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Glossary Accrual—the enrollment of qualified patients into clinical trials. Accrue—to enroll qualified patients into clinical trials. Adjuvant therapy—medical treatment given in addition to a primary treatment. In the case of cancer, this can be chemotherapy, radiation, or hormone therapy given in addition to surgical removal of a tumor, for example. Adjuvant therapies are used to enhance the effect of primary treatment, and would not necessarily be expected to have therapeutic effect in the absence of the primary treatment. Adverse event—any negative or unwanted effect from a drug, device, or medical test. Bevacizumab (Avastin)—a monoclonal antibody drug used to treat metastatic cancer of the colon or rectum, usually in combination with 5-fluorouracil–based chemotherapy. Bevacizumab is also used in the treat- ment of advanced, recurrent, or metastatic non-squamous non-small cell lung cancer, in combination with carboplatin and paclitaxel, or other cancer drugs, and metastatic HER2-negative breast cancer, in combination with paclitaxel. Biospecimen bank—a facility that collects, catalogs, and stores samples of biological materials (such as urine, blood, tissue, cells, DNA, RNA, and protein) used for laboratory research. 105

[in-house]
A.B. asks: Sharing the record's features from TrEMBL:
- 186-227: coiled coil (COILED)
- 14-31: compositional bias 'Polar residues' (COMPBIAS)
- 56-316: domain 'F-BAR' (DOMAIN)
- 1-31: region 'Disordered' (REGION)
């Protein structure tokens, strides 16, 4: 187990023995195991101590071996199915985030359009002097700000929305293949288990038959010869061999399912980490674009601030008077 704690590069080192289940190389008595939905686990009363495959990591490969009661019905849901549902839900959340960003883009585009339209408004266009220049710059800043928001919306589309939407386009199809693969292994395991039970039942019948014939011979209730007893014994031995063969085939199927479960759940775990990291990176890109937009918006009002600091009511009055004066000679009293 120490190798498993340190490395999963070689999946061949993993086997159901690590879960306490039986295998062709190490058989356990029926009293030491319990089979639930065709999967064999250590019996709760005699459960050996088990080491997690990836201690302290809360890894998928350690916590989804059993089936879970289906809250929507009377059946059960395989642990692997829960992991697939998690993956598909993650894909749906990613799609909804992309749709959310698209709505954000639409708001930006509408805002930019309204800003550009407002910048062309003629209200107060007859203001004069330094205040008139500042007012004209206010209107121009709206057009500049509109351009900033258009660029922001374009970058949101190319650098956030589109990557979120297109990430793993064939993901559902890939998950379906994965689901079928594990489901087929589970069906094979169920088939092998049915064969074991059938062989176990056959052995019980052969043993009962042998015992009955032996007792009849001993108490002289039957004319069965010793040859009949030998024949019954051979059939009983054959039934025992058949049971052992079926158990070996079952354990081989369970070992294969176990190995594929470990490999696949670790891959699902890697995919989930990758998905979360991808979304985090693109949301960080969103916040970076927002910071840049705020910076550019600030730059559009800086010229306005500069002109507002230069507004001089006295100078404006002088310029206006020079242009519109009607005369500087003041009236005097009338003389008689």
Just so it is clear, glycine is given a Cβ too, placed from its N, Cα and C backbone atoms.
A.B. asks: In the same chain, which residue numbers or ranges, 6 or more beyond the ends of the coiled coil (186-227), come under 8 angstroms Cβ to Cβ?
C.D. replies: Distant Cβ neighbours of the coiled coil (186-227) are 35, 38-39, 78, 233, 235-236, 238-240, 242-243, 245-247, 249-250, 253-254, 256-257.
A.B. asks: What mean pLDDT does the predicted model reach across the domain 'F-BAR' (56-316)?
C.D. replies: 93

106 MULTI-CENTER PHASE III CLINICAL TRIALS Biostatistics—the use of statistics to analyze biological or health science data. Cetuximab (Erbitux)—a monoclonal antibody drug used to treat advanced or metastatic cancer of the colon and rectum, usually in combination with chemotherapy or irinotecan, another cancer drug. It is currently being used in research trials for treatment of head and neck cancers. Contract research organization—an organization that offers a range of clinical trial–related services, including development of protocols, patient recruitment, collection and analysis of data, and preparation of regulatory documents. Cooperative agreement—an administrative and funding instrument uti- lized by federal agencies to provide assistance to award recipients. Unlike grants, cooperative agreements are utilized when substantial governmen- tal involvement is expected. Cooperative group—the collection of researchers, cancer centers, aca- demic medical centers, community hospitals, private research institutions, and community physicians who organize to design and implement clini- cal trials to study new cancer treatments, methods of cancer prevention and early detection, and quality of life issues. The cooperative groups are administered by the NCI, and are organized around specific diseases, treatment modalities, or geography. Employer self-insured plan—a health plan in which the employer assumes the financial risk of providing health care benefits to its employees. Erlotinib (Tarceva)—a drug used to treat locally advanced or metastatic non-small cell lung cancer and other cancers. Like gefitinib, it targets epidermal growth factor receptor tyrosine kinase, and specific genetic mutations correlate to patients’ response to the drug. Gefitinib (Iressa)—a drug used to treat locally advanced or non-small cell lung cancer and other cancers. Like erlotinib, it also targets epidermal growth factor receptor tyrosine kinase, and specific genetic mutations cor- relate to patients’ response to the drug. Grade 1 toxicities—mild adverse events. Grade 2 toxicities—moderate adverse events.